Well, you know, two years later, that unfortunately has simply not happened. There are still hundreds of men languishing in solitary confinement in California prisons. California’s still using what are called association-based criteria to retain people in the SHU. What that means is you don’t actually have to have done anything wrong. You don’t have to have acted, for example, on behalf of a gang. But so long as the Corrections Department can show that they think that you are somehow affiliated with a gang–and they could use a piece of artwork to do that–then they can retain you at the SHU for years at a time.
So what happened last year is, after patiently waiting for the Corrections Department to engage with them and seeing those promises ring hollow, the prisoners reorganized themselves and engaged in this other hunger strike. And, as you pointed out, at its peak 30,000 prisoners participated in solidarity, which is just–is remarkable.
DESVARIEUX: I’m going to present to you both sort of the official line. You often hear that solitary confinement is necessary in order to stop violence and keep prisoners safe. I’m going to first ask you, Gregory: what’s your take on that?
KOGER: Well, first of all, look, it is a fact that solitary confinement is considered torture under international law. The UN rapporteur on torture, Juan Méndez, has categorically stated that holding people in solitary confinement in excess of 15 days is completely illegal under international law. Furthermore, there have been studies that have been done, and there’s–at most have been mixed in regards to whether this has any impact on violence whatsoever. And whether it was effective in stopping violent or not, it is completely illegal and inhumane to treat people in these conditions. It’s torture, period. There’s absolutely no justification for the systematic practice of torture that is happening in California and to over 80,000 prisoners across the United States.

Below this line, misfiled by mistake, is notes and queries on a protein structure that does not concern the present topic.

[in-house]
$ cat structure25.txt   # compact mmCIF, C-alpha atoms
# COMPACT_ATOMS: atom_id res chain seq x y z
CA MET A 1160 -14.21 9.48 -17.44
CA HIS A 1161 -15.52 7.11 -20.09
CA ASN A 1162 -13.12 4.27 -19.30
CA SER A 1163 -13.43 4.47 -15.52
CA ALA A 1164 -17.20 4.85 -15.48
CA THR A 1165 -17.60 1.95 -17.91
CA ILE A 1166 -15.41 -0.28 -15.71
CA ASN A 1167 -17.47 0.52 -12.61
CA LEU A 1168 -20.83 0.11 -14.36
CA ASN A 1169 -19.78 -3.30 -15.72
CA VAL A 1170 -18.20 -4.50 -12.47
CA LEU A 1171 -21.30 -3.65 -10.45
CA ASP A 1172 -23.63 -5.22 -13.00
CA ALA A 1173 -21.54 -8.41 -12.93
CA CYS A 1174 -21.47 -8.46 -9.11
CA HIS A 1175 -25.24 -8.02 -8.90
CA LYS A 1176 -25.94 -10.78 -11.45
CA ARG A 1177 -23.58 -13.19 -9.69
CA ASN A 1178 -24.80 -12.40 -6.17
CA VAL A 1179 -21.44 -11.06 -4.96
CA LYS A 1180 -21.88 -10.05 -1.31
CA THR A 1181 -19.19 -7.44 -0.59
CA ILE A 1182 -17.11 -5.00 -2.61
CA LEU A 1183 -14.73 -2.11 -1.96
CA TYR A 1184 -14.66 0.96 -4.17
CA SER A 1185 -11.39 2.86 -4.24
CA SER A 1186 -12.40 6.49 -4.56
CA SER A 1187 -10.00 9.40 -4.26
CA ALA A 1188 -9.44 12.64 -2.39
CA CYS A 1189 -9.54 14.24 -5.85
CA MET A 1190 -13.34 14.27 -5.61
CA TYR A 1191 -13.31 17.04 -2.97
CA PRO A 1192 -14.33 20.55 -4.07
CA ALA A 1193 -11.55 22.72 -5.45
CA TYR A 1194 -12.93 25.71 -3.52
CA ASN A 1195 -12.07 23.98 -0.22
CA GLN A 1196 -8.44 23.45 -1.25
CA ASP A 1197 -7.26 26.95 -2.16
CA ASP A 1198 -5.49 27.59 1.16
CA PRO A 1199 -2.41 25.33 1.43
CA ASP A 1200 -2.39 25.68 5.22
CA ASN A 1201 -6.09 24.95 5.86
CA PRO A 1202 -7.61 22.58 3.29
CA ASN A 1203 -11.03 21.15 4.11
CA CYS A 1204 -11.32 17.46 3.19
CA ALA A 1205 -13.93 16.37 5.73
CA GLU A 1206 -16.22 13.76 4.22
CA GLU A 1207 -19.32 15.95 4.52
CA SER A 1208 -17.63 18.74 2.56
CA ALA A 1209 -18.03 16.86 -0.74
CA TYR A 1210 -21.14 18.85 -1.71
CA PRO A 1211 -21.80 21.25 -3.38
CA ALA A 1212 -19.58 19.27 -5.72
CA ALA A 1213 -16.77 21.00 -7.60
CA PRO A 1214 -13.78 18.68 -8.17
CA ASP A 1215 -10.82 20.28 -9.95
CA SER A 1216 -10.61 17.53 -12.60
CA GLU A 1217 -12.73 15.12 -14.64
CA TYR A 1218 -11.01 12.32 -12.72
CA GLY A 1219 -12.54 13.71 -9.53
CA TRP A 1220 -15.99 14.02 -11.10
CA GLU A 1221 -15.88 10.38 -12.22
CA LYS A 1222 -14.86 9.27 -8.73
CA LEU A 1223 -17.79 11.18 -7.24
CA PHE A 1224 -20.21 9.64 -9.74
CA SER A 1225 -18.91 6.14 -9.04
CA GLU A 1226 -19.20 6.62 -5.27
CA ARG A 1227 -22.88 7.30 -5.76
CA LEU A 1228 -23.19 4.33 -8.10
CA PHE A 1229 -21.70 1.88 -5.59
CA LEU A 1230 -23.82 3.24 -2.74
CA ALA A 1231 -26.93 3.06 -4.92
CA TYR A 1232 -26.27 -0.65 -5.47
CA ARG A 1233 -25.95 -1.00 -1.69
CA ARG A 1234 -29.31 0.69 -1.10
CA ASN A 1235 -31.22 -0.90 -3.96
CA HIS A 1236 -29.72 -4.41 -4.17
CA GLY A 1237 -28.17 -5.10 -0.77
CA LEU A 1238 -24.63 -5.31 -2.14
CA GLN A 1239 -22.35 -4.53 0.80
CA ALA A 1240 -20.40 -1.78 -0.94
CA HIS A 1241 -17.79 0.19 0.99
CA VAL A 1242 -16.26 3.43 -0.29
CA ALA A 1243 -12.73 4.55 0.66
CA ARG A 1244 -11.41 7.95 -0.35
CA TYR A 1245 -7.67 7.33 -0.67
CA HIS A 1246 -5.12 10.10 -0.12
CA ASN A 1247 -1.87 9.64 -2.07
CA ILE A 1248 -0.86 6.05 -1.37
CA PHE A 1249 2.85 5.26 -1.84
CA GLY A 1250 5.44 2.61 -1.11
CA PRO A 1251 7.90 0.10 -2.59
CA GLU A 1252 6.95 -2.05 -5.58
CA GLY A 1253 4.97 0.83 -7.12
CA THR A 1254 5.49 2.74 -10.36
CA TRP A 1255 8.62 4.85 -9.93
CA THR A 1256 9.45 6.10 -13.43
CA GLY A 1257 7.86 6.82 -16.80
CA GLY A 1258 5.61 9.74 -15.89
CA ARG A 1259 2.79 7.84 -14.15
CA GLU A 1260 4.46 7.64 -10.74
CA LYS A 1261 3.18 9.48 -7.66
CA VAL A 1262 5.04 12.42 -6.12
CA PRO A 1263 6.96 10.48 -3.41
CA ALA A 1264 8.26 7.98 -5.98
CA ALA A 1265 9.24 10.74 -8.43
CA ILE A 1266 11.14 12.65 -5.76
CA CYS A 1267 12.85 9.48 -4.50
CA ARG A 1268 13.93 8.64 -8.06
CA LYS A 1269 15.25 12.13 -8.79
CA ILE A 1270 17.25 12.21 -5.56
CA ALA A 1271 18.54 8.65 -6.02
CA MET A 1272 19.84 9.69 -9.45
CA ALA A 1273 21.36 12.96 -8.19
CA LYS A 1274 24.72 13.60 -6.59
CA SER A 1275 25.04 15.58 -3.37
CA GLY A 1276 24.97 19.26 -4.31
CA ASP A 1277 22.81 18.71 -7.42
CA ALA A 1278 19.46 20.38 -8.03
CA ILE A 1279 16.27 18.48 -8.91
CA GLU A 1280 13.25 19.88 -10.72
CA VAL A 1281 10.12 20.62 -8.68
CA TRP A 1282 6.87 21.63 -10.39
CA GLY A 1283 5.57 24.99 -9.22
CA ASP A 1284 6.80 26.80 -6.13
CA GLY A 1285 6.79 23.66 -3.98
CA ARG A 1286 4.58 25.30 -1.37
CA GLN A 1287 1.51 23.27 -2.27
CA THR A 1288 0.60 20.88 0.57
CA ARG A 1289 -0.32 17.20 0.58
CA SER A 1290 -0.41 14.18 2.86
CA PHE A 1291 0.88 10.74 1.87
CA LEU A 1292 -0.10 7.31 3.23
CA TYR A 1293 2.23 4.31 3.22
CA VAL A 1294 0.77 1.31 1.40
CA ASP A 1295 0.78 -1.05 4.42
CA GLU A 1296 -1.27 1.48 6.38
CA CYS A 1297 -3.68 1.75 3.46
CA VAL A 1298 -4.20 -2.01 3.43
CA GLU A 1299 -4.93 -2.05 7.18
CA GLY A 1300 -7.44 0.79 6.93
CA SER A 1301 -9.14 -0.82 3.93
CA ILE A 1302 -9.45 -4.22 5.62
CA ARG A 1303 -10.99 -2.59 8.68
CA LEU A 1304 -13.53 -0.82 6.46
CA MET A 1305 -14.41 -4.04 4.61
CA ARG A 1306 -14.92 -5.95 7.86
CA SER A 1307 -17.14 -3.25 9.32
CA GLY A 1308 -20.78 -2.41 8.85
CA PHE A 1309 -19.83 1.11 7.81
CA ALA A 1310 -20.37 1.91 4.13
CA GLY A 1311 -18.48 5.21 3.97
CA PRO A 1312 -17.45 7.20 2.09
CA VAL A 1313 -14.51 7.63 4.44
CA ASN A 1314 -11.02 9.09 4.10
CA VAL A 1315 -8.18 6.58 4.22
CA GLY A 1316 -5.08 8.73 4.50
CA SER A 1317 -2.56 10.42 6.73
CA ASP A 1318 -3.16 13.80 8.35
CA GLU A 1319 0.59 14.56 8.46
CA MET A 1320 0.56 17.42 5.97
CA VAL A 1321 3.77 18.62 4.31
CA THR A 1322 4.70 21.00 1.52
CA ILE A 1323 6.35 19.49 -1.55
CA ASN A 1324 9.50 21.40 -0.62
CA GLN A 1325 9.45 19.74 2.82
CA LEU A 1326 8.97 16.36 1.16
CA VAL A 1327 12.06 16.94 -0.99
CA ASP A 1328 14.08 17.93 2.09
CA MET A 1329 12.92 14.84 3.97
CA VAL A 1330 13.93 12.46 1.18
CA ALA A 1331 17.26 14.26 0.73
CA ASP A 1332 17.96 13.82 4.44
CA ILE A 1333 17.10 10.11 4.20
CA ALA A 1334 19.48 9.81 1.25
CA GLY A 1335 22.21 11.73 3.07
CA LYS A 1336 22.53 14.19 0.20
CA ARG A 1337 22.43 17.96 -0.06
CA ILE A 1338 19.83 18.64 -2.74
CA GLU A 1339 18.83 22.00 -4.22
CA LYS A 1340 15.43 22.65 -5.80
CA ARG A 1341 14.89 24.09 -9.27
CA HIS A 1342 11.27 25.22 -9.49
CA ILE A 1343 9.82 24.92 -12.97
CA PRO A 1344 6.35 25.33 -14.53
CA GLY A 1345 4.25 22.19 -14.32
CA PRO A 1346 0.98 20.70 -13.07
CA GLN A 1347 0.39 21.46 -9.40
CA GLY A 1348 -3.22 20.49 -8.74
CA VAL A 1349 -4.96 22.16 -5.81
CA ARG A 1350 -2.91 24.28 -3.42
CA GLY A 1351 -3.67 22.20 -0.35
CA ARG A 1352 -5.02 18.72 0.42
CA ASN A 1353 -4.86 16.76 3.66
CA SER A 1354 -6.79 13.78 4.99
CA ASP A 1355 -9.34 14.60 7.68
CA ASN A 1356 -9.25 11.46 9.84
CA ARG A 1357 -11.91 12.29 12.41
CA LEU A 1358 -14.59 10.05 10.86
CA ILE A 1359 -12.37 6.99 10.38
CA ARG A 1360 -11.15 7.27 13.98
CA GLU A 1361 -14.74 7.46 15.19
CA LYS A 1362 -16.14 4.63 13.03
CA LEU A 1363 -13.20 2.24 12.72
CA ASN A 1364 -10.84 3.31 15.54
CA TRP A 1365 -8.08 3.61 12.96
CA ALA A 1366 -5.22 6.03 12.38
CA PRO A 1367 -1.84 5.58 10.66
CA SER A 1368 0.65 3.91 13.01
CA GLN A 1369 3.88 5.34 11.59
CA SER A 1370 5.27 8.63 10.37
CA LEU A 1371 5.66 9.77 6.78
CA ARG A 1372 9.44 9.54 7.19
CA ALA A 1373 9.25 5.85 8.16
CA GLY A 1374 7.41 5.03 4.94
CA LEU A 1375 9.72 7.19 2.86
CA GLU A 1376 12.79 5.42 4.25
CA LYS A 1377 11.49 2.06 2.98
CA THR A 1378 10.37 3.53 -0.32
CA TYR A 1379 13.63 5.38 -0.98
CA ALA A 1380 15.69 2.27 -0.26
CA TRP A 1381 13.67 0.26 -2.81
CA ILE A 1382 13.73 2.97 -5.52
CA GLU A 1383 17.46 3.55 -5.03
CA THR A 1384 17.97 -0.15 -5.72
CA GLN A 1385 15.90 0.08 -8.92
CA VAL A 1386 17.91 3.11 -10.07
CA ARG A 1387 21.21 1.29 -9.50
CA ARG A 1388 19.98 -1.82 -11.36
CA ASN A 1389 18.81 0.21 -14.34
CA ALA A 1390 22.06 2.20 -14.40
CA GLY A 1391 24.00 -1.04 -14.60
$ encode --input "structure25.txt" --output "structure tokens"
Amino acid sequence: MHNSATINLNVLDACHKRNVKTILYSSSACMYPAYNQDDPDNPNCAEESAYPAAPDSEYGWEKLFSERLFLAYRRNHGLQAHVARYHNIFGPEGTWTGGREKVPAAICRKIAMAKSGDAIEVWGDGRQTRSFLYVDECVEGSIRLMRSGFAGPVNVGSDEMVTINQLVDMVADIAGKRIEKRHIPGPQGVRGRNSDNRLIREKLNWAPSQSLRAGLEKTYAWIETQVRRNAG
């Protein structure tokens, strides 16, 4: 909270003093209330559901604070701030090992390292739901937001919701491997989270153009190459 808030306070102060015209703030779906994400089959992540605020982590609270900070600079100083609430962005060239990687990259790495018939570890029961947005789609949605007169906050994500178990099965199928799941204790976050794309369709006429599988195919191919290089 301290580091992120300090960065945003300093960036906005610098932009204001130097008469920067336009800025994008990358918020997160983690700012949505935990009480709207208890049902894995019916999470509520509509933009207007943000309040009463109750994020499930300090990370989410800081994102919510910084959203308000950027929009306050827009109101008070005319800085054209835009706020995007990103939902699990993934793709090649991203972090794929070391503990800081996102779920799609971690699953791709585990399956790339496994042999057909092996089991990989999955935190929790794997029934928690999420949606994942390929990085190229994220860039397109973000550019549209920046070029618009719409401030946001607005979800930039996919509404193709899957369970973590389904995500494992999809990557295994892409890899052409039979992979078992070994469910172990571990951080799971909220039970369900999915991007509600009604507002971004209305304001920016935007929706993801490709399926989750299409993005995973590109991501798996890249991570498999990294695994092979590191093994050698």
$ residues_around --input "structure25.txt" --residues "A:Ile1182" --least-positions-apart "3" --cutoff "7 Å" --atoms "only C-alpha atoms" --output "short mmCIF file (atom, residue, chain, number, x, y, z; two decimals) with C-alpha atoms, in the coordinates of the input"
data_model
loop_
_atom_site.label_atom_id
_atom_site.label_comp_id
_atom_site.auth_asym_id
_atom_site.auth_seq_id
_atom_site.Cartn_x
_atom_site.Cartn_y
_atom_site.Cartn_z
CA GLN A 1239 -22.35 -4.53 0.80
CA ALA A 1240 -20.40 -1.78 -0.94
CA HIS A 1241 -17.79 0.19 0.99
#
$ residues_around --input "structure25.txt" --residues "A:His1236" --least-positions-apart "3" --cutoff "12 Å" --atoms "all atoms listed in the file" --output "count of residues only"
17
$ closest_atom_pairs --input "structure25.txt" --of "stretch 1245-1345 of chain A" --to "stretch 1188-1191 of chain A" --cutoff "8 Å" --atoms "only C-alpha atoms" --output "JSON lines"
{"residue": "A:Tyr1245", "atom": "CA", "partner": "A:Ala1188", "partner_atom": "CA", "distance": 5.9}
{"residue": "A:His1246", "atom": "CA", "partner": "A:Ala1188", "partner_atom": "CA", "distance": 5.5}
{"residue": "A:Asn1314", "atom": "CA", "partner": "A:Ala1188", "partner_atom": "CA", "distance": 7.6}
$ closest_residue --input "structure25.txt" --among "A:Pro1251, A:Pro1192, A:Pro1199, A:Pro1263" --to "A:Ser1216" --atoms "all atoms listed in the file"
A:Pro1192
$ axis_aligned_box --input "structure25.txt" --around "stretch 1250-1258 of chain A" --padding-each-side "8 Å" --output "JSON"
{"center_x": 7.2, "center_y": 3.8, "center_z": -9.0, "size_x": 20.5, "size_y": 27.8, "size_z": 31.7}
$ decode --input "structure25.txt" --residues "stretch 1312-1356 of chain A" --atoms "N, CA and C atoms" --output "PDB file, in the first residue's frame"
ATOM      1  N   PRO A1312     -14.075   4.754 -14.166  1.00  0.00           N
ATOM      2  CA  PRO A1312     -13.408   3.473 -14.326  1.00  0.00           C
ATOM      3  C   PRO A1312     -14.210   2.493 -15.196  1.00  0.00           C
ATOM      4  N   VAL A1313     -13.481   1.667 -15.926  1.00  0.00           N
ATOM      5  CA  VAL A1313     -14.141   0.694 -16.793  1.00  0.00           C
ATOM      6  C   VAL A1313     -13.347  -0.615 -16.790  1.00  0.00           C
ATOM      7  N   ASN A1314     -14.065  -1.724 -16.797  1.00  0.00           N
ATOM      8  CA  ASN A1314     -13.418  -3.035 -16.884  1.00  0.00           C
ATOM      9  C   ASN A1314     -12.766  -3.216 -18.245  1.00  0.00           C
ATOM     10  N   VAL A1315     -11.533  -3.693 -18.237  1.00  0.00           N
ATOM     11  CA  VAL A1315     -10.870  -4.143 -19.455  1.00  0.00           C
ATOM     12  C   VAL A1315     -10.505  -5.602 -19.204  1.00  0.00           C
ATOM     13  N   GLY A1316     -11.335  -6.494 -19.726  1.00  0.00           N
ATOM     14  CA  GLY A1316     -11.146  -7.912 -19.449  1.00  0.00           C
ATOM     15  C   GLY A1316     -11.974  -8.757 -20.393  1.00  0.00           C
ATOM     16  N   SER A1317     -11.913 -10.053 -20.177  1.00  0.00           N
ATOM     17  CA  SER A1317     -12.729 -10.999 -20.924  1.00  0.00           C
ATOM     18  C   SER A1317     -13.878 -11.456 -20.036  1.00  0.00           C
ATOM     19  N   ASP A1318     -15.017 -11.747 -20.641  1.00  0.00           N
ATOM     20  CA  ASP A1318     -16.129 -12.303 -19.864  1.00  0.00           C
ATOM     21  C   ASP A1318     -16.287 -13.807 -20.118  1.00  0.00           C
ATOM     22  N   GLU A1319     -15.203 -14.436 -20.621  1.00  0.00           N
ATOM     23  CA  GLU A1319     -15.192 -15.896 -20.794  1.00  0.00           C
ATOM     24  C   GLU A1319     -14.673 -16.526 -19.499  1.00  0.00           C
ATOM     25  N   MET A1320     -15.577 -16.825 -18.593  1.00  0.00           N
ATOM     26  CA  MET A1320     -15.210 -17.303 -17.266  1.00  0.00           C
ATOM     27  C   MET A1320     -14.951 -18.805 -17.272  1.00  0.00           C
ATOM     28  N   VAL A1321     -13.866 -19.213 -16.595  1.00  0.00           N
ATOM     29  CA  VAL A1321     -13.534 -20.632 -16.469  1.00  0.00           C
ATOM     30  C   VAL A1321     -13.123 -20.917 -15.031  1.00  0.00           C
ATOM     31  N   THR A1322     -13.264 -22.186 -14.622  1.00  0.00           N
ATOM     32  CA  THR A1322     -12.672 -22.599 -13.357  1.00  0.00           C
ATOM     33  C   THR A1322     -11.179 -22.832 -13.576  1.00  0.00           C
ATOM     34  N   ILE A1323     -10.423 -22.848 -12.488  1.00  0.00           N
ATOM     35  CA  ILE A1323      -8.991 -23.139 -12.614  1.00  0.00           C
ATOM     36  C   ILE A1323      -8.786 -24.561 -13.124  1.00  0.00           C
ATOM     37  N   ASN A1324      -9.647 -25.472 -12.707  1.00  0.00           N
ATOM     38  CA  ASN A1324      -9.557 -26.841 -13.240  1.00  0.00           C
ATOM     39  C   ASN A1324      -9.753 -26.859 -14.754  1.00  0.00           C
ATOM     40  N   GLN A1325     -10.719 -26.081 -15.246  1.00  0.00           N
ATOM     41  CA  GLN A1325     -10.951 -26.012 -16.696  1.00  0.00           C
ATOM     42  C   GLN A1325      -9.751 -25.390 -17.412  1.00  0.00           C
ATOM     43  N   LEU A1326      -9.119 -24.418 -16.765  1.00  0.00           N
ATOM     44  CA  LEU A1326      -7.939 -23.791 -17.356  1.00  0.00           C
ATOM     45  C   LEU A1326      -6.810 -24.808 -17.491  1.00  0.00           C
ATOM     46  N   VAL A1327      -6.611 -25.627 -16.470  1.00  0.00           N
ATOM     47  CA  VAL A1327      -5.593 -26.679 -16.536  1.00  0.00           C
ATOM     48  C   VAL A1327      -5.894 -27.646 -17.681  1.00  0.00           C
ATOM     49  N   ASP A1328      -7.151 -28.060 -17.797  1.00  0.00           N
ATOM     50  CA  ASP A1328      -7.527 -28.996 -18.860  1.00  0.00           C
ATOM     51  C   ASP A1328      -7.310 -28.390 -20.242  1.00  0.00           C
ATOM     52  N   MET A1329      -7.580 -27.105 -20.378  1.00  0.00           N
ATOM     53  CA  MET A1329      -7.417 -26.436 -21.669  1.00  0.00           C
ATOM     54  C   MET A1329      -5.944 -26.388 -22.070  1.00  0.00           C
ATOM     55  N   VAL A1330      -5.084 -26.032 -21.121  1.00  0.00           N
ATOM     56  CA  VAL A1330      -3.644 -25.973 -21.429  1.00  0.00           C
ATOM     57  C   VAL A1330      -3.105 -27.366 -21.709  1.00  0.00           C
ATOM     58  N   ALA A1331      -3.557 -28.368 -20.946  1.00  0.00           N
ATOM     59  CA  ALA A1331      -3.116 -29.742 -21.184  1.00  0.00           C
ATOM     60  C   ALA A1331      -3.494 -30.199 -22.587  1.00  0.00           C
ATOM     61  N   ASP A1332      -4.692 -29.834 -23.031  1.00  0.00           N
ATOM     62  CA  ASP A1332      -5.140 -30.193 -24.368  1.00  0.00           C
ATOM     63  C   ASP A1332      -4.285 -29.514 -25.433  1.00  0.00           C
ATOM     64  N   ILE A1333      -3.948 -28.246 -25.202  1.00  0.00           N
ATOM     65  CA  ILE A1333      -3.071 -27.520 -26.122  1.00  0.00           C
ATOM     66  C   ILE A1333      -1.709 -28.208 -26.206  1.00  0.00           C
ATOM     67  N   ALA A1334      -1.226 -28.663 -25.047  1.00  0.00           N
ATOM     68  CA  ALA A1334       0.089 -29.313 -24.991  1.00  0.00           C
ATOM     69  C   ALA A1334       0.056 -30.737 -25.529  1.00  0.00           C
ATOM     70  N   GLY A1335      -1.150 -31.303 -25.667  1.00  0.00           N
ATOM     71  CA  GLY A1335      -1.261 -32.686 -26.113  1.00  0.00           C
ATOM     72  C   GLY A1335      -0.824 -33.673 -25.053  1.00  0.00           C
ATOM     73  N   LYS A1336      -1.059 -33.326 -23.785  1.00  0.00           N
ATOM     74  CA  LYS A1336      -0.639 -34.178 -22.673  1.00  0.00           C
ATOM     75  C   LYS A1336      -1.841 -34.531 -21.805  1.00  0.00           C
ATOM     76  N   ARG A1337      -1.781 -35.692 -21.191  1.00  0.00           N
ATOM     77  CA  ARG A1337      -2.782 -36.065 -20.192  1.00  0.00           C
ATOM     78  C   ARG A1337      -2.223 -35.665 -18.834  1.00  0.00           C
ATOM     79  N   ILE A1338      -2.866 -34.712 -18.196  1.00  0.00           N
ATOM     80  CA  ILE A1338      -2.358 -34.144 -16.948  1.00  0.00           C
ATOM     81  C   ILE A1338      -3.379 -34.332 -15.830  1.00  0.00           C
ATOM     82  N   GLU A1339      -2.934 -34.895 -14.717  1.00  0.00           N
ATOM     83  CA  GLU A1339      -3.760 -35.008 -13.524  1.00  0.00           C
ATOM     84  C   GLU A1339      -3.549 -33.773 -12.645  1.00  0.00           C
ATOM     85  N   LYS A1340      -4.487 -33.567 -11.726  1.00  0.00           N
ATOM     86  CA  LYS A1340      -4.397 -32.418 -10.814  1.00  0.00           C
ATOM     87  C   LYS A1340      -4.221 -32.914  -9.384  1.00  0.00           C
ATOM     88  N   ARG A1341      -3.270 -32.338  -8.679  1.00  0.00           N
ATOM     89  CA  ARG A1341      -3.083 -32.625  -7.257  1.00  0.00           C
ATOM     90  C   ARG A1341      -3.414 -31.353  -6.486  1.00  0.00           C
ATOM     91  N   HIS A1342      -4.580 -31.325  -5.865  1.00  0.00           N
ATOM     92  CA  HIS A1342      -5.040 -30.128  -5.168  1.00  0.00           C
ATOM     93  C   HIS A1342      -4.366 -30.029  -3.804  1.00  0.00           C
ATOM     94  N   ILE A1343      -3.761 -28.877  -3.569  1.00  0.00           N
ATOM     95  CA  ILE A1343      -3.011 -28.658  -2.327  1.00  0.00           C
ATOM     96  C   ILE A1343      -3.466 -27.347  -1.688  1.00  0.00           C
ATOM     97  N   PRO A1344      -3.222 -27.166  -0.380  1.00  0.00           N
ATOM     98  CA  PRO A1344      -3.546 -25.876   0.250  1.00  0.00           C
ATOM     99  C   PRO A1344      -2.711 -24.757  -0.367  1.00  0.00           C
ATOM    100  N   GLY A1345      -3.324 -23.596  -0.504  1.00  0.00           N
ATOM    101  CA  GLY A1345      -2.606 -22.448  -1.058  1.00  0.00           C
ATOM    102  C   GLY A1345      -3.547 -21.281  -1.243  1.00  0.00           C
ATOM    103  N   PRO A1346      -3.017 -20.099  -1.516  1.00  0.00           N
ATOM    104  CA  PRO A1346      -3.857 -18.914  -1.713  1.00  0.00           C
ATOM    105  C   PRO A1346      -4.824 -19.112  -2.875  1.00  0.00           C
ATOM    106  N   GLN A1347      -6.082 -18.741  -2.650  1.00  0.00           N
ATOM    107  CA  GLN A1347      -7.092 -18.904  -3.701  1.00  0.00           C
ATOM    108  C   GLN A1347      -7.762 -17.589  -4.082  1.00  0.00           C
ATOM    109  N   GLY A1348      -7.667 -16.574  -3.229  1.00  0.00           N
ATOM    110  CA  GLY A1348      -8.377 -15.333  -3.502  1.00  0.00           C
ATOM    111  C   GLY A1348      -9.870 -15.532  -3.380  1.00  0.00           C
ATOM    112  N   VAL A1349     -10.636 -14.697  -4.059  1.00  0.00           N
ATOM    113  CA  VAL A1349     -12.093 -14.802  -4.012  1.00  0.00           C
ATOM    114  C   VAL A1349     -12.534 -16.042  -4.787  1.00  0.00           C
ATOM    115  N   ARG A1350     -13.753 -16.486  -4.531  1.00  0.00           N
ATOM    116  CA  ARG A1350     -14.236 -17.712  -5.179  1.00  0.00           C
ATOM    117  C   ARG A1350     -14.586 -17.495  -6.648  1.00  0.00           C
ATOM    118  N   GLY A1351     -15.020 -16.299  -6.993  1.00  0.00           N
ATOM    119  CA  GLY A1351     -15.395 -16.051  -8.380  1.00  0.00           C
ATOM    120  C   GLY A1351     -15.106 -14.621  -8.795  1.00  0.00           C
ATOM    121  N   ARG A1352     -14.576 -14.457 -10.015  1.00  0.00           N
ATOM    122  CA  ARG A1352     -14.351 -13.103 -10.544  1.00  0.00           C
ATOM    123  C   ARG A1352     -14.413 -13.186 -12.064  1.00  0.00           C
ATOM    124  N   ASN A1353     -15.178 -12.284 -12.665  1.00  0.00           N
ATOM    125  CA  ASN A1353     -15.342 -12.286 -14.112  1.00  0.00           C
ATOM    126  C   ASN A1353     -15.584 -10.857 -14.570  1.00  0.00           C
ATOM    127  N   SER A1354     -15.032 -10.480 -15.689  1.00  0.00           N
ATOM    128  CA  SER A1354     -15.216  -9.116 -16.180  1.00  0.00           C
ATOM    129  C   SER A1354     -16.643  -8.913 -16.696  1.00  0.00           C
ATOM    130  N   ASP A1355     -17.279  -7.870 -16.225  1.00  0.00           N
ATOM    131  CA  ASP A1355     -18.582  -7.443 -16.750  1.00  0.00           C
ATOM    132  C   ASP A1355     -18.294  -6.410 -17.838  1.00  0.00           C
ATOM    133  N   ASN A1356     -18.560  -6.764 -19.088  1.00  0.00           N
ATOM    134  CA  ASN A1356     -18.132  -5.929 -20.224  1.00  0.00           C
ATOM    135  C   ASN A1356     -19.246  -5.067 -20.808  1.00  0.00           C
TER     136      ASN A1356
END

DESVARIEUX: Alexis, you’re the lawyer. First of all, is it illegal? And secondly, what has really come out of this hunger strike? You know, there were promises of reform. What has actually transpired?
AGATHOCLEOUS: Well, I want to echo the points that are just made. First of all, we know–Congress has recently held two hearings on solitary confinement in the United States, and we had corrections officials from both the states of Colorado and Mississippi come and testify that they had voluntarily reduced the number of prisoners in solitary confinement in their states without experiencing any uptick in violence. So the point is there are alternatives, there are other ways to manage security issues in prison.
Second of all, we firmly believe that prolonged solitary confinement not only violates international law, but also violates the Constitution. This is the facts.
The point is is that we now know from a long body of psychological research that placing a person into even short periods of solitary confinement, but particularly prolonged periods of solitary confinement, puts them at grave risk of descending into irreversible mental illness. That is just–that’s a very well wrought fact in the social scientific literature.
We also know that the instances of suicides and attempted suicides are far higher in isolation than elsewhere in prison. The American Journal of Public Health just published a study last week. It’s a peer-reviewed study that shows that incidences of self-harm are much higher in solitary confinement than elsewhere in prison. And recently, at the American Association for the Advancement of Science annual meeting, neuroscientists testified that the kinds of isolation that prisoners experience in solitary confinement can actually change their brain structure, can actually affect permanently the way your brain works.
You know, the fact is is that the prohibition on cruel and unusual punishment that is enshrined in our constitution just simply does not permit placing people in such grave danger.
Torture is torture. The UN special rapporteur has indicated that he believes that prolonged solitary confinement constitutes torture, and there is just simply no excuse for it.
DESVARIEUX: Alright. That concludes our interview. Very interesting topic.
Thank you both for joining us.
KOGER: Thank you.
AGATHOCLEOUS: Thank you.
DESVARIEUX: And thank you for joining us on The Real News Network.